Stockett Lawsuit Dismissed, Shuts Down, and More

Evan Smith Rakoff

Every day Poets & Writers Magazine scans the headlines—from publishing reports to academic announcements to literary dispatches—for all the news that creative writers need to know. Here are today's stories:

Judge Tomie Greene has dismissed the case against Kathryn Stockett, author of The Help, filed by Ablene Cooper, a housekeeper for Stockett’s brother, because the lawsuit was filed after the statute of limitations had expired. (Washington Post)

Maryland-based Publish America—a controversial print-on-demand publisher, cited by many in the industry as one that allegedly deceives authors—had been promising to deliver authors' manuscripts and personal notes to J. K. Rowling, charging them forty-nine bucks for the "service," until J. K. Rowling herself caught wind of the claim. She was not amused, and promised swift action. Publish America has since taken down the offer. (Sacramento Bee)

Many authors across the country received the same e-mail last night, informing them that—a web-based book-promotion site and creator of a tour-calendar widget—is shutting down September 1. "Fewer author tours and changes in book marketing budgets" are listed as the main culprits. (LA Observed)

In 1890, eight years before it was incorporated into the five-boroughs of New York, Brooklyn was the fourth-largest city in America. Now, according to author Evan Hughes, “more people live in Brooklyn than in San Francisco; Washington, D.C.; Boston; and Miami put together.” And it seems most of them are writers. The New York Times takes a look at Hughes's new book, Literary Brooklyn.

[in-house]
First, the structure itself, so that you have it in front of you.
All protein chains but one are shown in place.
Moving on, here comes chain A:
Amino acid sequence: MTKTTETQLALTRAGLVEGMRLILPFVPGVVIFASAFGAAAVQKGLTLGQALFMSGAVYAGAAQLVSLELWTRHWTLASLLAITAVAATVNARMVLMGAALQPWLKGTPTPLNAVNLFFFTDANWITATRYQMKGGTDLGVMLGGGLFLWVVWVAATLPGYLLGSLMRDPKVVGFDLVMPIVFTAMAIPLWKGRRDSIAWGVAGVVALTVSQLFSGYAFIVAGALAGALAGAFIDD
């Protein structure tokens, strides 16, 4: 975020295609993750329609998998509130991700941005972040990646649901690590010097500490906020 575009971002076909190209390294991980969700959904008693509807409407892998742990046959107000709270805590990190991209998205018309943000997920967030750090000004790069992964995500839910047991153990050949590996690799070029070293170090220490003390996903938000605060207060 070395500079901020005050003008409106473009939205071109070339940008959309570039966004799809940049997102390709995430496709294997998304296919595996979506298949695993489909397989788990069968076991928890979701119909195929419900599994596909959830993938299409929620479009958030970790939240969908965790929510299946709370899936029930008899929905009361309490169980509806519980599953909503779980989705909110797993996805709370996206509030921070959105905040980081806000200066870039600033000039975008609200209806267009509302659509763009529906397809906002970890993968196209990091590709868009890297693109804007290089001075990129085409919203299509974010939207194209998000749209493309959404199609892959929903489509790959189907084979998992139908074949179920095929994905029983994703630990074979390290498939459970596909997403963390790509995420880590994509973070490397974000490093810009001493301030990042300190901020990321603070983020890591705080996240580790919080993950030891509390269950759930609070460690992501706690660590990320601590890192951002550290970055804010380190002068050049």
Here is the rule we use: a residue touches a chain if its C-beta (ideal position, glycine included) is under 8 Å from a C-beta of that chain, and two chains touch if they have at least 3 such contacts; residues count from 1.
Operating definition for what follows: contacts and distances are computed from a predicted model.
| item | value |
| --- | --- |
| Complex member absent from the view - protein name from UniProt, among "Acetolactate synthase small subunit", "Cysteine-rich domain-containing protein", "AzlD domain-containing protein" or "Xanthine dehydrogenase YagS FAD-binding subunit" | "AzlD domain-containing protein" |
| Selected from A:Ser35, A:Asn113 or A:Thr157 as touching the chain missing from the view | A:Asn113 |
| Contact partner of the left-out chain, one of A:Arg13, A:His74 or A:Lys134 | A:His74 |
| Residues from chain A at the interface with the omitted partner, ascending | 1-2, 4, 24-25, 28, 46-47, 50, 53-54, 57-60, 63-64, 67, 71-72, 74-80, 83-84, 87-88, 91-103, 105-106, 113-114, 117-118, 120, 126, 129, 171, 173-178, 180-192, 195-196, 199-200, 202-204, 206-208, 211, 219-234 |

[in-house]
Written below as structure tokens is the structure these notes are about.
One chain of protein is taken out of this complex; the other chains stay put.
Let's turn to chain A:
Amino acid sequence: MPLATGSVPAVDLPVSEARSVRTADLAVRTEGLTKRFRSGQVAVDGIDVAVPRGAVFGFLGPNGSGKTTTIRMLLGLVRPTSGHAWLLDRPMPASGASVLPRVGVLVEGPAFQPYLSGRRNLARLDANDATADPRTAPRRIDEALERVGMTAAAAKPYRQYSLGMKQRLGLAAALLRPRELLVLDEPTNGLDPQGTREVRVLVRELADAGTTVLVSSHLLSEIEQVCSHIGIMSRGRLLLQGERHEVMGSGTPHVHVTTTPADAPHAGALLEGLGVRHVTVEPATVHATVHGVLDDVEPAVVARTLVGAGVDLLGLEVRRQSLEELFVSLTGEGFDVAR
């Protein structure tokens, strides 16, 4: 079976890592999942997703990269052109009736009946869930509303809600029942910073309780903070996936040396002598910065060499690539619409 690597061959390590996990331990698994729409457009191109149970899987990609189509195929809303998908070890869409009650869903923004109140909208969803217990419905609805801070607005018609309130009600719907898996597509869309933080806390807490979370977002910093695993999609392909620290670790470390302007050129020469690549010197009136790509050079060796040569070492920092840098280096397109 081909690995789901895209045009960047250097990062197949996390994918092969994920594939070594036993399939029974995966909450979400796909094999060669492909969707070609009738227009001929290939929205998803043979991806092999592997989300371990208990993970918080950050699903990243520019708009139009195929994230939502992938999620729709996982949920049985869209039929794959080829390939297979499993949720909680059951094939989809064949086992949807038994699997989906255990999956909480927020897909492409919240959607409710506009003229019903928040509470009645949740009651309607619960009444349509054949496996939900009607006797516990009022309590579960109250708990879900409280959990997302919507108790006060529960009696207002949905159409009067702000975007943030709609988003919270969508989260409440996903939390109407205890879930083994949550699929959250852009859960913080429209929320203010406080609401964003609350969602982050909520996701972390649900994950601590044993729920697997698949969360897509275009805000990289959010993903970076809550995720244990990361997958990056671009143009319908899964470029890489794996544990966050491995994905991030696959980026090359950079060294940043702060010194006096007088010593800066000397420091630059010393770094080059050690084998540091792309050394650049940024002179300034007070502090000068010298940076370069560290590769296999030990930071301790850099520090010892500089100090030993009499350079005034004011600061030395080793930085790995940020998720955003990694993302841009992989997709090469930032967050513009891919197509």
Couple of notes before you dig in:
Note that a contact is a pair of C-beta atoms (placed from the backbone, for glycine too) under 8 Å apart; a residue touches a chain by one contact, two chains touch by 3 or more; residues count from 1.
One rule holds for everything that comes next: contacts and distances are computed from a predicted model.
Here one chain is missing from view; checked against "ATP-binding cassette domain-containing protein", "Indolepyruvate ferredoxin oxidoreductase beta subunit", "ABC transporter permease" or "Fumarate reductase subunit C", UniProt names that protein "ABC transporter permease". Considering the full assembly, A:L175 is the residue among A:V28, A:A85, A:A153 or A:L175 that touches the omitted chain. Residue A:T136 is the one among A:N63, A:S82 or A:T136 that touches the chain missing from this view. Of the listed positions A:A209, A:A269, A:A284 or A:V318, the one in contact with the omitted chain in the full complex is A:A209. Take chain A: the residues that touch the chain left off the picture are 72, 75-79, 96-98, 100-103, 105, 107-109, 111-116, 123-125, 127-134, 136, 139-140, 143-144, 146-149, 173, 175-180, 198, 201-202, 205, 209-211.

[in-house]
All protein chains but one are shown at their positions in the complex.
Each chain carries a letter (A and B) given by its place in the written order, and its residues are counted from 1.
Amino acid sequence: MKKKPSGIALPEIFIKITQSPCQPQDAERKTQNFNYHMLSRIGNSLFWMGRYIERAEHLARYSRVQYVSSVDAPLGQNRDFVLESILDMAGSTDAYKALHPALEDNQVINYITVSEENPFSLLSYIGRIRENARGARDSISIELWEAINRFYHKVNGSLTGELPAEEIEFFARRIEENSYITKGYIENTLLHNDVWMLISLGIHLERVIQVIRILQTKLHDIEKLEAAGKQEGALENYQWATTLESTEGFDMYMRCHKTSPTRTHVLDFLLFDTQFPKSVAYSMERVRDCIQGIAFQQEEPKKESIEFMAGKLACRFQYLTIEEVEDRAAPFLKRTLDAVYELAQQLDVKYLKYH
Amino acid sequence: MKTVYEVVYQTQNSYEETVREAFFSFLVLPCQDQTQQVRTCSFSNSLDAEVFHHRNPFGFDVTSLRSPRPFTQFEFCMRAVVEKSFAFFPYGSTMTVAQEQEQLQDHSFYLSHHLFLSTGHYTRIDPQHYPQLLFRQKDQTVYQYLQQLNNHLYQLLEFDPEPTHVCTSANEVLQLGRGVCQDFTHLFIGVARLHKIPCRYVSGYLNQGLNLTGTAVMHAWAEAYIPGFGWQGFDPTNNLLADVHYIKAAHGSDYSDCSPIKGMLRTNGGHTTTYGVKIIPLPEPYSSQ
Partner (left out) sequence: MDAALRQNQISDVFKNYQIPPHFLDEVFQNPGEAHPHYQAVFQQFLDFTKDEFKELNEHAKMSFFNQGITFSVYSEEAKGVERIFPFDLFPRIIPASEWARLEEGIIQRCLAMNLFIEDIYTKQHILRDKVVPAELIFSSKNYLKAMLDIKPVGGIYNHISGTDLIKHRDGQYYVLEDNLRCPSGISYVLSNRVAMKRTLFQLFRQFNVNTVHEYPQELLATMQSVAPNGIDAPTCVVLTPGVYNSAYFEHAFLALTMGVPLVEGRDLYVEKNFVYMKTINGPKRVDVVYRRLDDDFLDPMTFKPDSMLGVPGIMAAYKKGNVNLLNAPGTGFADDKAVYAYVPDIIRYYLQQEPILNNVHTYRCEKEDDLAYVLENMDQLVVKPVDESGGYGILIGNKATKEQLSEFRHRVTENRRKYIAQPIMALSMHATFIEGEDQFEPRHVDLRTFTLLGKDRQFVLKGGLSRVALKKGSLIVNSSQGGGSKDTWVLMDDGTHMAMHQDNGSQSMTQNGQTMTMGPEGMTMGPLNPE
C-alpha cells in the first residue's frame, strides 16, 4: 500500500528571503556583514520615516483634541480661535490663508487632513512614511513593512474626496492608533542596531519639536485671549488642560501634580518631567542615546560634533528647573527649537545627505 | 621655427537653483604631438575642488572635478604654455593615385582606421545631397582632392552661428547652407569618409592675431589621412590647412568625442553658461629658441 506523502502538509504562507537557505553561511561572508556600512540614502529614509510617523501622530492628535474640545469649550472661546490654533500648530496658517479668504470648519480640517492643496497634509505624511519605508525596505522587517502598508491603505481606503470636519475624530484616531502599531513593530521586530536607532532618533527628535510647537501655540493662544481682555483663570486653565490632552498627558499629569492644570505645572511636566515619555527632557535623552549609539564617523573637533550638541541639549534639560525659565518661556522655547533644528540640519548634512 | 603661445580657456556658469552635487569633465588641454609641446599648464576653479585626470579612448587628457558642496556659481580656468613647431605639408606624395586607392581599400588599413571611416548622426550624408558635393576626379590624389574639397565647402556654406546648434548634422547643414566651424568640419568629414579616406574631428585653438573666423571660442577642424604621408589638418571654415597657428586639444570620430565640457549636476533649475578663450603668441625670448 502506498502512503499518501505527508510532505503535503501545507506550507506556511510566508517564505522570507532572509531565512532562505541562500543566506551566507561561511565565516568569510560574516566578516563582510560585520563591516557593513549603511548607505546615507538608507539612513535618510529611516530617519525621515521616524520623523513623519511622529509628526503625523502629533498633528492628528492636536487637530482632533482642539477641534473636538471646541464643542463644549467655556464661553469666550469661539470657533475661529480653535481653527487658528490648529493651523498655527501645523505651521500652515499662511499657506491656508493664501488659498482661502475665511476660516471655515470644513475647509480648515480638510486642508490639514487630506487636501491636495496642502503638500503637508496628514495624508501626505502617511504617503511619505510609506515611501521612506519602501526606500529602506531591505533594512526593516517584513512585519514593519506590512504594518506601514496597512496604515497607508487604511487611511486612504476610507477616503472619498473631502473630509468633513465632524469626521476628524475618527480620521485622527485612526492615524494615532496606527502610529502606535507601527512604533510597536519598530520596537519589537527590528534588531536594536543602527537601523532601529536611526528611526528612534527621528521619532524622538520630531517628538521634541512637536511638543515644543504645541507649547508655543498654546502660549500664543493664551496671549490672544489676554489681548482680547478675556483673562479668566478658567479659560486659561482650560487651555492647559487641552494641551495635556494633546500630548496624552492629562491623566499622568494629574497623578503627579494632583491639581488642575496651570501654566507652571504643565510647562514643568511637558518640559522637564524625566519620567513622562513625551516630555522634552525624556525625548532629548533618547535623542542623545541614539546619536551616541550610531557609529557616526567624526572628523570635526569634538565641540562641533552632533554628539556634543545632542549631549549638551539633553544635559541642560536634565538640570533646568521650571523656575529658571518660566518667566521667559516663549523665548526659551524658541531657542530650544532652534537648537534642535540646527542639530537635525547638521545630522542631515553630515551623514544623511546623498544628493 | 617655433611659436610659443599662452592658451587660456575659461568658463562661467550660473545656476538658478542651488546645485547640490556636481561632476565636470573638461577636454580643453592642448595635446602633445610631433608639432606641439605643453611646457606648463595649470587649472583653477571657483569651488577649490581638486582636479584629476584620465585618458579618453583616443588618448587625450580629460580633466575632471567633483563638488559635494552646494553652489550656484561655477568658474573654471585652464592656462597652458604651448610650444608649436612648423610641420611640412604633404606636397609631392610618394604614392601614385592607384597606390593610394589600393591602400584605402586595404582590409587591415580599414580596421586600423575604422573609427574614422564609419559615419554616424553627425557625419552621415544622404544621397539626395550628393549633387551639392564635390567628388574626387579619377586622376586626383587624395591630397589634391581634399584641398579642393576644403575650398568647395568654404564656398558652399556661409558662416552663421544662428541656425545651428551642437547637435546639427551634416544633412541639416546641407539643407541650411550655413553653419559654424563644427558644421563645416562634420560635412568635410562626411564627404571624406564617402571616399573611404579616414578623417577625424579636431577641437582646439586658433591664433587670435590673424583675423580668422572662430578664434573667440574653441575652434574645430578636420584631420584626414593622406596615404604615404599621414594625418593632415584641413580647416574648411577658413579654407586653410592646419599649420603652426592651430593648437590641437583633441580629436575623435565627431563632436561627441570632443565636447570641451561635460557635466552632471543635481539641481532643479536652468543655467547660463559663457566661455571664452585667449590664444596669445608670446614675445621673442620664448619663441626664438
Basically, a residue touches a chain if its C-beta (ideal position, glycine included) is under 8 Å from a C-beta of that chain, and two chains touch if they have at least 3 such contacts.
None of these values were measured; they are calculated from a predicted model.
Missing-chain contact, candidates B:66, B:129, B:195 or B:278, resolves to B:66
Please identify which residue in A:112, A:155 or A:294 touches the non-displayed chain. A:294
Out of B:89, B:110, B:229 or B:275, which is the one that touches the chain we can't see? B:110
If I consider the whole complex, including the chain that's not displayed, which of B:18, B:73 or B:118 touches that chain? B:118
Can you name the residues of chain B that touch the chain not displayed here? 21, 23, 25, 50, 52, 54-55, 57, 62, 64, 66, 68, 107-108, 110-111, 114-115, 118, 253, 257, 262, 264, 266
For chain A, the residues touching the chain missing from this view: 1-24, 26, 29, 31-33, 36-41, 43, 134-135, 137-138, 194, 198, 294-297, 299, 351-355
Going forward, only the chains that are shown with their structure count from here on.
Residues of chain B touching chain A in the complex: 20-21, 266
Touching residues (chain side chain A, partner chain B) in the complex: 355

The Edinburgh International Book Festival, which takes place the last three weeks of August each year, is in full swing, and today the Guardian published candid photographs of some of the writers appearing at the festival, as well as an interview with The Time Traveler's Wife author, Audrey Niffenegger.

The Millions interviews novelist Geoff Dyer about how his neighborhood was affected by the recent London riots, his new column for the New York Times, and the United States release of his 1994 novel, The Missing of the Somme.

From the offices of Rolling Stone, Gonzo journalist Hunter S. Thompson sometimes was motivated to mail rejection letters to would-be authors, written in his signature style. (Huffington Post)

Last night on television, author John Hodgman suggested some interesting and thought-provoking ways to save bookstores. (Daily Show)

Flavorwire offers a list of literary couples—lovers whose stars maybe were a bit too crossed.